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Why the Kangra earthquake of 1905 needs to be kept in public memory

By Sustainable Environment and Ecological Development Society

The Kangra earthquake of 1905 stands as one of the most devastating disasters in the history of India. Occurring in the Kangra Valley and the region of the Punjab Province (now part of Himachal Pradesh), this earthquake left a lasting impact on the region and its people. On April 4, 1905, a catastrophic earthquake with a magnitude of 7.8 struck the Kangra Valley. It caused widespread destruction, particularly in the towns of Kangra and Dharamsala. The death toll exceeded 20,000, making it one of the deadliest earthquakes in Indian history. The quake was so powerful that it was felt throughout Northern India, reaching as far as Delhi. Numerous buildings and historical monuments were destroyed, leaving a scar on the region's cultural heritage.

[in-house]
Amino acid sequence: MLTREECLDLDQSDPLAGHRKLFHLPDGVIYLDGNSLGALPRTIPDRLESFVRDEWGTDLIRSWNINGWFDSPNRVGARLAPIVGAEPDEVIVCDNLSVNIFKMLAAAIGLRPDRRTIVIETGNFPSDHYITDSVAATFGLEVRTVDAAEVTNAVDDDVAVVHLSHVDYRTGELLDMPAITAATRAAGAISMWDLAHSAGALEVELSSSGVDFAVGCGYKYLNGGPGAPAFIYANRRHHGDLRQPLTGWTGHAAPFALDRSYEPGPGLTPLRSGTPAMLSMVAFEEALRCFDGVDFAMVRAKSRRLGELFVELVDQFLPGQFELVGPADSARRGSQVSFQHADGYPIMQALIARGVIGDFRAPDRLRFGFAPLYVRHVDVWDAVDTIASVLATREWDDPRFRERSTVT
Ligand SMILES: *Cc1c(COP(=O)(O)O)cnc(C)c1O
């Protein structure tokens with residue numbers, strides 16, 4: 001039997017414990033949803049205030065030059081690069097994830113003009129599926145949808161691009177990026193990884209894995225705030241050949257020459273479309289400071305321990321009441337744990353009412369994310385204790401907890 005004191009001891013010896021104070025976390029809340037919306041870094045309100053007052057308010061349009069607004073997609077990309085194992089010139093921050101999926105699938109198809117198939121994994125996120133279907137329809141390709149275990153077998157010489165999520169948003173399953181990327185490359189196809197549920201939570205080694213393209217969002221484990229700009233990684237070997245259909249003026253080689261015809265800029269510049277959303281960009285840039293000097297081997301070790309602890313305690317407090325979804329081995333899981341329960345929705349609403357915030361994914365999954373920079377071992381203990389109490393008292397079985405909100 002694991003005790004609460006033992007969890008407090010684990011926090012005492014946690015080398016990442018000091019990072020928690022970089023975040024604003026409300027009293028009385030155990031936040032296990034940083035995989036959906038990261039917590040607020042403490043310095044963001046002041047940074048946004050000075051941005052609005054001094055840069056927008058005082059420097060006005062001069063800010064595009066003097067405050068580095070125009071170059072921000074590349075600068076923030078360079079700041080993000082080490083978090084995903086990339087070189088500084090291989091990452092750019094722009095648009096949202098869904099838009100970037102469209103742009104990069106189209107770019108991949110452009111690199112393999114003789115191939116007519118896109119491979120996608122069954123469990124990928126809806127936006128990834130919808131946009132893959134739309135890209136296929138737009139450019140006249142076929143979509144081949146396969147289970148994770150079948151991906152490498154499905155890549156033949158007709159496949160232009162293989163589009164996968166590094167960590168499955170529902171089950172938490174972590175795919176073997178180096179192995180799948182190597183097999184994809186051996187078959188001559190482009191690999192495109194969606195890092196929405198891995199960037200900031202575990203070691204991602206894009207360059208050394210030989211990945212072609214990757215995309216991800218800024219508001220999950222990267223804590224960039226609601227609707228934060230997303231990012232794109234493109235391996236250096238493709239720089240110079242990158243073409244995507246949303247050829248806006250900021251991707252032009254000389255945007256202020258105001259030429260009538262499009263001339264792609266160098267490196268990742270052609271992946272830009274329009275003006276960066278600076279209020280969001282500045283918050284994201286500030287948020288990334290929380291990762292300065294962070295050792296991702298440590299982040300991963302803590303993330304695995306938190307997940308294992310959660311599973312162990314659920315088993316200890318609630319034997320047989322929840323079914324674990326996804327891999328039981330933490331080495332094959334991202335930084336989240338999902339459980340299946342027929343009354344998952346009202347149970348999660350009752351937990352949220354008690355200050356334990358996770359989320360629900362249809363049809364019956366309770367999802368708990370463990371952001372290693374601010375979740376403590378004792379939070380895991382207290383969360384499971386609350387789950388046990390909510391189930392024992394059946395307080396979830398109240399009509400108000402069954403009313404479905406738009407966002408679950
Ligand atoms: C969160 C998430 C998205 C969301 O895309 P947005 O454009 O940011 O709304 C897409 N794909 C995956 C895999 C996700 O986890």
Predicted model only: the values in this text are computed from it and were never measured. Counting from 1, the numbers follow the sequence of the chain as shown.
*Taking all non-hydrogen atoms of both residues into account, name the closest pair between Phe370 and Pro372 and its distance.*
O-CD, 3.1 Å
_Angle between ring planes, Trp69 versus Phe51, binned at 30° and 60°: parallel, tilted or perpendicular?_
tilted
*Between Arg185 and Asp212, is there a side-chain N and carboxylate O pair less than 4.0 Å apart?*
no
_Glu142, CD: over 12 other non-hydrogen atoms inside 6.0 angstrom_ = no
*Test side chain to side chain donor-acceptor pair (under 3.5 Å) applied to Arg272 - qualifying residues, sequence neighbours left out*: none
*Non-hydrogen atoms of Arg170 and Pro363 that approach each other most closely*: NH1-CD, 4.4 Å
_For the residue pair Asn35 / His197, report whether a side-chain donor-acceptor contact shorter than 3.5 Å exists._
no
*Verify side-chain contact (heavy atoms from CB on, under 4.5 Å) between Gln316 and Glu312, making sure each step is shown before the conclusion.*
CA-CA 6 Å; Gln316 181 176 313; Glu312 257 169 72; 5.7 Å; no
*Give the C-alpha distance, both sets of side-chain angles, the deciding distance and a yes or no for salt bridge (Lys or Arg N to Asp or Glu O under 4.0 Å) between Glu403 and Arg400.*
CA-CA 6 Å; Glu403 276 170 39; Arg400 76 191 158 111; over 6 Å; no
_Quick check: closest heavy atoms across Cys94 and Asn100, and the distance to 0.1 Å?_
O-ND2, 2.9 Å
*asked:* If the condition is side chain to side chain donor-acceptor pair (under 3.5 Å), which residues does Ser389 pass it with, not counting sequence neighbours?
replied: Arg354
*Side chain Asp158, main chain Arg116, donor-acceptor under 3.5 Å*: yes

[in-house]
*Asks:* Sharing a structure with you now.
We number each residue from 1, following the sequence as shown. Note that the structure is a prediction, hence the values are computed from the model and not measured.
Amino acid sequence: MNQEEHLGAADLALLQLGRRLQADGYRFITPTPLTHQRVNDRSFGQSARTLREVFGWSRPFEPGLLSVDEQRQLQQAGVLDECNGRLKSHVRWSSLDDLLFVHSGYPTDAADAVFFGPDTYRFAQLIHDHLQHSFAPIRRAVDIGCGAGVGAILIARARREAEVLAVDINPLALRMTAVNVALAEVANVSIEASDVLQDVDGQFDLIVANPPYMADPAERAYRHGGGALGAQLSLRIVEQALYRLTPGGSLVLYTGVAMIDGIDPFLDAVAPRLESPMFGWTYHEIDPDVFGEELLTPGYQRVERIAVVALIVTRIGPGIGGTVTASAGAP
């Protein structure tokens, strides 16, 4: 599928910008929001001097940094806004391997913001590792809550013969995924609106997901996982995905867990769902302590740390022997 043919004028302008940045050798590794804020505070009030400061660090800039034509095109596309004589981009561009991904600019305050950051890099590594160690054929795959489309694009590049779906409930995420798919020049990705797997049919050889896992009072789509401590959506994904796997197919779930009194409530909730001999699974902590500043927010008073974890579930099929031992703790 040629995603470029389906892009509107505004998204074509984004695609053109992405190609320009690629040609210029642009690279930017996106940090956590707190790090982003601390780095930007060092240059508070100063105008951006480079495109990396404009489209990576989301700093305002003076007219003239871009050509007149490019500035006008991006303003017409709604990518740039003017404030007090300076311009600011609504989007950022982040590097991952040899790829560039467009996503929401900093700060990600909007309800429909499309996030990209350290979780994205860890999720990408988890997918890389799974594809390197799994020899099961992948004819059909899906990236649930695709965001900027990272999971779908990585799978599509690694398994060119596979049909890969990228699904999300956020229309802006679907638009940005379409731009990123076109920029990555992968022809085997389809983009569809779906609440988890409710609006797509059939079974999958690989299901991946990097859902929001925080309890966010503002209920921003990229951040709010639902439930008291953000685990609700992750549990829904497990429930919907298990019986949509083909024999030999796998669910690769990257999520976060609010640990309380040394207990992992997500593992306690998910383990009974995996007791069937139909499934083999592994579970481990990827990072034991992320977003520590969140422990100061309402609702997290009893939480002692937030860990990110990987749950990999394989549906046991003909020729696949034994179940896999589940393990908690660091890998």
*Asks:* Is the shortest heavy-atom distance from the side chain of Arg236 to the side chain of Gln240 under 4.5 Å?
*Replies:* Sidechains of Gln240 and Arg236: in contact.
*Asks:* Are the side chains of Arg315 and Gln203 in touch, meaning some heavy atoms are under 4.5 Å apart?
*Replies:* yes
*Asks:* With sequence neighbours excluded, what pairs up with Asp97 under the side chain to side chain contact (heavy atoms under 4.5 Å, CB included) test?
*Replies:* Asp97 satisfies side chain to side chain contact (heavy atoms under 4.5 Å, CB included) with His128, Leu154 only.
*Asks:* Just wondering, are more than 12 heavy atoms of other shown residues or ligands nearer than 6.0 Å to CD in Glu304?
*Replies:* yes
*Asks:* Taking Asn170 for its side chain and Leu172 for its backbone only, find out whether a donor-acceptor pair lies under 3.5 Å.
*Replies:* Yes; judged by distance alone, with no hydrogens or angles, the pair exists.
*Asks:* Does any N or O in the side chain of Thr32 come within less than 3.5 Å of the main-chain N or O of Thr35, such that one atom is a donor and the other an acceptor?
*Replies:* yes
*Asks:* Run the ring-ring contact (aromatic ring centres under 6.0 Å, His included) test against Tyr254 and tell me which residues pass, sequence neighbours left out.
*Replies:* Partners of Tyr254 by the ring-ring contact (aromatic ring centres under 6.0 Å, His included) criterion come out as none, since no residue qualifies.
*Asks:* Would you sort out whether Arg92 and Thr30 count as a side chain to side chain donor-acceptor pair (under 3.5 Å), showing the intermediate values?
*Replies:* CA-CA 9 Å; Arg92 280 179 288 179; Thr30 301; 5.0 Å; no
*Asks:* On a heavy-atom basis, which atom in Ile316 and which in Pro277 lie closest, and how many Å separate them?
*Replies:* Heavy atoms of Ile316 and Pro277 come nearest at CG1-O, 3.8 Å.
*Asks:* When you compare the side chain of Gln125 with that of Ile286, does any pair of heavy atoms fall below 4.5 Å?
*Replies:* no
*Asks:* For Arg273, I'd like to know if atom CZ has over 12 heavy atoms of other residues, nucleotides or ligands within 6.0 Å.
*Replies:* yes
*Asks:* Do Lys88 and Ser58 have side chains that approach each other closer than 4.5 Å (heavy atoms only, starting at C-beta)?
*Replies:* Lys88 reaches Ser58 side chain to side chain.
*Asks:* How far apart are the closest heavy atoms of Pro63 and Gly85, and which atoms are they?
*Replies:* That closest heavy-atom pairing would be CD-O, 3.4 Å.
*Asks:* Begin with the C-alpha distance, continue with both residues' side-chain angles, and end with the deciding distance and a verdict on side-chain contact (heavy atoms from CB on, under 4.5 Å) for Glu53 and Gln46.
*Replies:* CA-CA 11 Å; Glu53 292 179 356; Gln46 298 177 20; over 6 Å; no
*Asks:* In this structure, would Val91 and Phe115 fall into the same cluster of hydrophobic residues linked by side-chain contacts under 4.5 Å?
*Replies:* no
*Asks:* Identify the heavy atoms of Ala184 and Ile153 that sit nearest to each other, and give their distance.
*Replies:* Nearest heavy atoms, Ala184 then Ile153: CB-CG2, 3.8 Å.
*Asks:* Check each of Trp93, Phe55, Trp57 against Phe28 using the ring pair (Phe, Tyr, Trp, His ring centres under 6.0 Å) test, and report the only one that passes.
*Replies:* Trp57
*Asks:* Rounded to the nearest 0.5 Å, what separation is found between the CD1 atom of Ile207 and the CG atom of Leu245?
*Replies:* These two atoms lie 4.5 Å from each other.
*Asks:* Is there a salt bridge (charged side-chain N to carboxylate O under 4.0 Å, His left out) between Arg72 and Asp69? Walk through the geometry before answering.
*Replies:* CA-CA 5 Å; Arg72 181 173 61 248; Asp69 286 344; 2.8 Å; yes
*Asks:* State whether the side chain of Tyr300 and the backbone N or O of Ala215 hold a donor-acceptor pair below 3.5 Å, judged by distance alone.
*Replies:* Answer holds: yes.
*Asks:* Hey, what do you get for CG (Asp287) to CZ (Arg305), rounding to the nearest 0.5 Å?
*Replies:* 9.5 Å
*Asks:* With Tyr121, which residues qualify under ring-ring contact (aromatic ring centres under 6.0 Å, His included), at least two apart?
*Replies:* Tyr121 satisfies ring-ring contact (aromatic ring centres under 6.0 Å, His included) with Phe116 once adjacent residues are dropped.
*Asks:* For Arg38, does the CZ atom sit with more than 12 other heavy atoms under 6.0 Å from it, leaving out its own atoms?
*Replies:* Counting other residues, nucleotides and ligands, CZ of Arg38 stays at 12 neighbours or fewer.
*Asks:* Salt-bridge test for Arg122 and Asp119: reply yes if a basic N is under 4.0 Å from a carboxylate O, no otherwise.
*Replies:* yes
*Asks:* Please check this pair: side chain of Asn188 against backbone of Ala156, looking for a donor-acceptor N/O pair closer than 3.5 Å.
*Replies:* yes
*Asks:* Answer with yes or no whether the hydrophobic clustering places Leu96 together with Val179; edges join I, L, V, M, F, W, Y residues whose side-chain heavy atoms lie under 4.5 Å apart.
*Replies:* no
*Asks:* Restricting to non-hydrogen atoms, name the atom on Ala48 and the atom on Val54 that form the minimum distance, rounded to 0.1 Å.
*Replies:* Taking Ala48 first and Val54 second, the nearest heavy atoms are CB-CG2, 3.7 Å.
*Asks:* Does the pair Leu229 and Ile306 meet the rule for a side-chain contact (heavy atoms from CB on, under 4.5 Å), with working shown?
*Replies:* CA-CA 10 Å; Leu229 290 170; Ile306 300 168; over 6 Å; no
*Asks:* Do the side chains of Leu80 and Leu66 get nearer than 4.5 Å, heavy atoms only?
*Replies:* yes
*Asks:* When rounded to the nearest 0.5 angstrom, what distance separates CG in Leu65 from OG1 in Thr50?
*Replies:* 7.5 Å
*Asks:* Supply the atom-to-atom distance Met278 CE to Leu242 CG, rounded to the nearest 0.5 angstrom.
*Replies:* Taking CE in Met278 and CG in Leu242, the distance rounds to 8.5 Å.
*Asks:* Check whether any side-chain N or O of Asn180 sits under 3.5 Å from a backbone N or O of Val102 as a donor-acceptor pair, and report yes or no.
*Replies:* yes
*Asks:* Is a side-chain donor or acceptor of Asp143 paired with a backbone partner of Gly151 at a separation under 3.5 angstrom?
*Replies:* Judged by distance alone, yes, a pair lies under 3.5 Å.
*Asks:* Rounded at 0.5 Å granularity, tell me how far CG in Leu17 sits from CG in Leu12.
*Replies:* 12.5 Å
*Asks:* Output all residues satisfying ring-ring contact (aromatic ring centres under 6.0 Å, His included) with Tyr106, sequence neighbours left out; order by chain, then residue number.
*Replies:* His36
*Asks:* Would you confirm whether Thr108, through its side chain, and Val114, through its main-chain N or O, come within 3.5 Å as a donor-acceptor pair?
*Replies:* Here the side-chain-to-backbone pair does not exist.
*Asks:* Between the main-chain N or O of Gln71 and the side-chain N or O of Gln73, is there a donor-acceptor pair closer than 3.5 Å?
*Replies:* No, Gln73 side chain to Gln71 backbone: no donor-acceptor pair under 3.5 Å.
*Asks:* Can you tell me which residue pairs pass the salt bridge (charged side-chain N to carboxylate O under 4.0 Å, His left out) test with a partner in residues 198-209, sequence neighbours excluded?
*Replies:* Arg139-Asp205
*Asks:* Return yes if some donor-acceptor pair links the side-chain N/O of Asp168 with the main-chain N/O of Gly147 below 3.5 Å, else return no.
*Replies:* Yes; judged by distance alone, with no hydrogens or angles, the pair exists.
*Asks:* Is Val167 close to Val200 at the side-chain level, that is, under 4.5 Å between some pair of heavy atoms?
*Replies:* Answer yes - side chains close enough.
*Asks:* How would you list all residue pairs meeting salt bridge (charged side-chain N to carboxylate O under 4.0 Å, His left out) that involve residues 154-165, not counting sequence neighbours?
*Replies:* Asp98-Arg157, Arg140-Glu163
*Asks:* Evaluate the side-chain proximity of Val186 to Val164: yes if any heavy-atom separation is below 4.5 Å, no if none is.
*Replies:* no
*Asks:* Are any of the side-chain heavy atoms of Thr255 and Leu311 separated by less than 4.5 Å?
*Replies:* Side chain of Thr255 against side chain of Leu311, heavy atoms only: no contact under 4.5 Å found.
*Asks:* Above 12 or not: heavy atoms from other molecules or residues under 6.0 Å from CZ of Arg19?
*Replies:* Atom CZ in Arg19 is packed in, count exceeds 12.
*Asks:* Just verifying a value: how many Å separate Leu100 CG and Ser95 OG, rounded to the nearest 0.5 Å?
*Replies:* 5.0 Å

As we remember the day it's important to keep alive memories of how people survived and built back. These memories will help future generations too in coping with any future .

Geological Insights

Despite its immense power, the earthquake did not result in any observable surface rupture at the time, a rare occurrence for earthquakes of this magnitude. Later studies, however, identified the Kangra Valley Fault (KVF) as the likely culprit for the 1905 earthquake. This fault is a right-lateral strike-slip fault, capable of producing earthquakes with magnitudes greater than 7.2. Paleoseismic investigations along the KVF have revealed evidence of at least four significant seismic events in the region's history, with the 1905 quake likely being the most recent. These findings highlight the complex and active seismic nature of the Himalayan region.

Impact